Thursday, February 28, 2008

Teaching 101

Finally, after three weeks of delays, I taught my first class last night. After I got all good and worked up before the first class was supposed to start, I read David Sedaris’s essay, “The Learning Curve” from Me Talk Pretty One Day, while waiting for an oil change and felt much better. If all else failed, I could always show taped episodes of One Life to Live. As I drove back to work, the sun came out, the snow started melting, and I actually started feeling OK, even a little excited about teaching. And then I got a message that they cancelled adult ed for the evening. Deflate. And then it snowed the next Wednesday. And the next week was February break. Then it snowed again Tuesday night, by which time I was feeling like the gods of the written word really did not want me messing around with their stuff. I made all my photo copies Tuesday and looked over my notes, not really expecting to teach again this week. But they did not cancel adult ed yesterday (I think they would have held classes if a freak winter hurricane came inland and drowned the entire county).

When I left the office last night, the panic started to rise again. I ate dinner at a local cafĂ©, read over my notes again (I really did make a lot of notes), feeling totally under-qualified and under-prepared. I got to the school an hour early, and as I walked in the front door, I felt that lurch in my stomach that I always feel upon entering a school (all these 17 years later!!) I found the adult ed office and turned in my paperwork. The adult ed director led me to the teacher’s lounge, where the class is held, telling me about how she has just been accepted to the MFA in writing program at USM. Which is what I should be doing—learning to write, not trying to teach it.

I spent the next hour cleaning about an inch of coffee goo off the surface of the table, arranging chairs a comfortable distance from each other, reading and rereading my notes, running to the bathroom and reviewing my class list. I have four students—three of whom I already knew. When they all arrived we introduced ourselves and talked about our expectations for the class. One student is a teacher, one a retired teacher and the other two seem to have taken extensive writing courses in the past. Not intimidating at all.

It went well—I think. I’m glad there are four students and not the ten I had originally envisioned. We have a range of mom-stages, from a new mom with a seven-month-old to a mom with three grownup-kids and a grandkid. They all seem really enthusiastic and I can’t wait to hear their stories. About halfway through the class my arms started shaking uncontrollably and I had to press them to my sides to keep them still. It was a little chilly in the room, but I think I was on the letdown from the adrenaline generated while panicking prior to class. Driving home, in the snow, I relived the class in my mind, dwelling on my weaknesses—I talked too much, and referred to my notes too much (all four single-spaced pages of them)—then I remembered that the goal of our class is to silence our inner writing critic, and that I should probably try to silence my inner teaching critic too, or at least give him the night off. As I neared home I realized I felt kind of good—energized. I think I may like this.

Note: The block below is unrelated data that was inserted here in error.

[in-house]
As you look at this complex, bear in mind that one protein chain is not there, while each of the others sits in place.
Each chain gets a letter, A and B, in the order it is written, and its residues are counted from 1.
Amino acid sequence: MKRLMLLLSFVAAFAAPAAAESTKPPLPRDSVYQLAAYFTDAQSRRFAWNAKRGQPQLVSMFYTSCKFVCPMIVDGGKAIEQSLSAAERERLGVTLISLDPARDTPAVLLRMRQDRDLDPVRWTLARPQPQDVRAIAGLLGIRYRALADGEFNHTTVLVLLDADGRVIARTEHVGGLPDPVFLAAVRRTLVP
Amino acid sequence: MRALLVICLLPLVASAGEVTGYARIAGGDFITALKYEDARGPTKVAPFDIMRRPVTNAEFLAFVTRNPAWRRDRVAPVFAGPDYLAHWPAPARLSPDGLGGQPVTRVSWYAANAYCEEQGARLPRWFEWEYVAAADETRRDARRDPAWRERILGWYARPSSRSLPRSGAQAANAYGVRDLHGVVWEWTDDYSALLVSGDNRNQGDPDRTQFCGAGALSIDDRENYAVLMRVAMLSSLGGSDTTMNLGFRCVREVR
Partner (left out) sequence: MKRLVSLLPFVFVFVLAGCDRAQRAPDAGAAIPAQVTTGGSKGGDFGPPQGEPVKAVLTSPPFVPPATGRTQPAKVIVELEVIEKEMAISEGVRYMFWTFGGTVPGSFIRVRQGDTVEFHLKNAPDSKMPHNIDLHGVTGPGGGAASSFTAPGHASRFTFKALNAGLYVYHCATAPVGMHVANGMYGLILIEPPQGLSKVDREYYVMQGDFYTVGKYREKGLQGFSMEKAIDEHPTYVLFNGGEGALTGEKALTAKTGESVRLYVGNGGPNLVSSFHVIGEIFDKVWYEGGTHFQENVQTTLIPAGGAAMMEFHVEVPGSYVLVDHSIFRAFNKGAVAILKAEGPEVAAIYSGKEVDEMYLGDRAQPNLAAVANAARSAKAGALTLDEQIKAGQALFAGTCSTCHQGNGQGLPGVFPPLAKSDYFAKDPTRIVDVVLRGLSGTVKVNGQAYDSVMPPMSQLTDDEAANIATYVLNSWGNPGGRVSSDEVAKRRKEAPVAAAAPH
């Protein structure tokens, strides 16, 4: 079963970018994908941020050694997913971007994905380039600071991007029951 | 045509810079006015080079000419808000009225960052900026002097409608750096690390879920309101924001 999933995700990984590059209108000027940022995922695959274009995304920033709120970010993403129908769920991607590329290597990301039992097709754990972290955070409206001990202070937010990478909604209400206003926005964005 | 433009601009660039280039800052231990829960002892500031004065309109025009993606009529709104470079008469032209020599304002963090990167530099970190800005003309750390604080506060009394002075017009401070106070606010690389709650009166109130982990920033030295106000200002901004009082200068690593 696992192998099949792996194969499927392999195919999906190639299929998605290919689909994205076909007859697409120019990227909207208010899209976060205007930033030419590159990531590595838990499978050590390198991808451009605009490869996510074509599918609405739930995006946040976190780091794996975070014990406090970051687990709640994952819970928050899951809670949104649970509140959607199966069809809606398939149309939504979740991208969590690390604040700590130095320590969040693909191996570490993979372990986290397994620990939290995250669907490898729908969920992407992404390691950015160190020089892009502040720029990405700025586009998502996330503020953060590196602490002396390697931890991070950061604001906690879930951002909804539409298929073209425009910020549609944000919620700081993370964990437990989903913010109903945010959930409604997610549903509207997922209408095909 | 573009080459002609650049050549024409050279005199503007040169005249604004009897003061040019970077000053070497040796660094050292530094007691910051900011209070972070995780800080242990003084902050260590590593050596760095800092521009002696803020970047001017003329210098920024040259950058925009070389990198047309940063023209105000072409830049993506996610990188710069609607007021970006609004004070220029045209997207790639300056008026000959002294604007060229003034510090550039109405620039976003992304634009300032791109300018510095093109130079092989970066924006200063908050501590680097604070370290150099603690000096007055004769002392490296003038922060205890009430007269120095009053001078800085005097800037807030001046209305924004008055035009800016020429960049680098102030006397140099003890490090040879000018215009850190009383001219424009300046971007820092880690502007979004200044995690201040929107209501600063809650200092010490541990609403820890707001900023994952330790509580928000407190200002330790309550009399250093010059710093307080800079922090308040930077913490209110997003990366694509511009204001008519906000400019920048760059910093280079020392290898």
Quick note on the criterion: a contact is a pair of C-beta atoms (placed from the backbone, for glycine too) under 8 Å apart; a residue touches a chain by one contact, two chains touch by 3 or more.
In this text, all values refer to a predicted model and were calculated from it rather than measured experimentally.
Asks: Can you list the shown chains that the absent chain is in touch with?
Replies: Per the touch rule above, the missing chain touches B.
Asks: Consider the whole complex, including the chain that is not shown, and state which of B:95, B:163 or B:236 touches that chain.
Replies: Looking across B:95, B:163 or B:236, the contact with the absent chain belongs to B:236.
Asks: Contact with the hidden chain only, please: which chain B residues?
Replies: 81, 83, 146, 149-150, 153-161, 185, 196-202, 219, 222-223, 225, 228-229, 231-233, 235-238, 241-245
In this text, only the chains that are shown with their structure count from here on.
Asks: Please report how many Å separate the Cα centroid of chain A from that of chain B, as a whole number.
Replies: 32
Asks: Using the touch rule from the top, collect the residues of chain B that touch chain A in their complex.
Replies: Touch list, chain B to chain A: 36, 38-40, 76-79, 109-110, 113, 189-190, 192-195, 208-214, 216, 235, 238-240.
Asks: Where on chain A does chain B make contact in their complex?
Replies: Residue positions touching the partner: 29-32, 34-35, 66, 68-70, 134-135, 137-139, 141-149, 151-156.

Wednesday, February 27, 2008

Six and Conflicted

Dinner table conversation last night:

M: CM got his parents to give him a dollar and now he has $100.

C: Has CM been saving for a long time?

M: No, he got $50 for Christmas. I should get $50 for Christmas.

C: Maybe you should ask Santa for cash next year.

M: Christmas isn’t about money.

* Update on yesterday’s post: This morning I took 13 CFLs (including one broken one—not sure where the other broken ones have got to) to a local hardware store for recycling. And I guess I forgot to mention why I was so worked up about broken lightbulbs—compact fluorescents contain small amounts of mercury vapor—mercury is a persistent, bioaccumulative neurotoxin. CFLs are still better than incandescents, in general, because they save energy and energy production (particularly coal burning) emits large amounts of mercury to the atmosphere. And in our solar-powered house, energy-hogging incandescents aren’t really an option. Still, check out the Maine DEP report to see their recommendations on what rooms they suggest avoiding CFL use and how to safely change, handle and clean up accidental breaks.

Tuesday, February 26, 2008

Toxic Home

When I got pregnant with M we lived in an apartment in the back of an 1832 Greek Revival mansion that was loaded with character and lead paint. Aside from the IQ-diminishing coatings on every surface, we knew we had to move out because it only had two small bedrooms, the second one being full of our extraneous junk, and we reached our front door by climbing a long, steep, dirty-ish staircase with sharp metal strips along each step. (I did not think about the danger of a kid falling out of especially high—because of high ceilings—second story windows, but that was because I had not lived with E and Z yet).

We looked around town for rentals, daydreamed over a mysterious estate house covered in vines (maybe we could be caretakers!) and even toured one house for sale. We gave up in despair after only a couple of rental tours—these houses were equally, if not more lead-paint infested than our current residence, they had nasty dirt basements and seemed to just radiate filth and toxins. I know it is generally not recommended to make major life decisions while under the influence of pregnancy hormones, but major life decision making we did. We toured some of C’s dad’s land in November, picked a site, designed our house over the winter (thinking only of how to stay cozy and warm—not how to enjoy the outdoors and avoid the bugs in summer) and broke ground in March.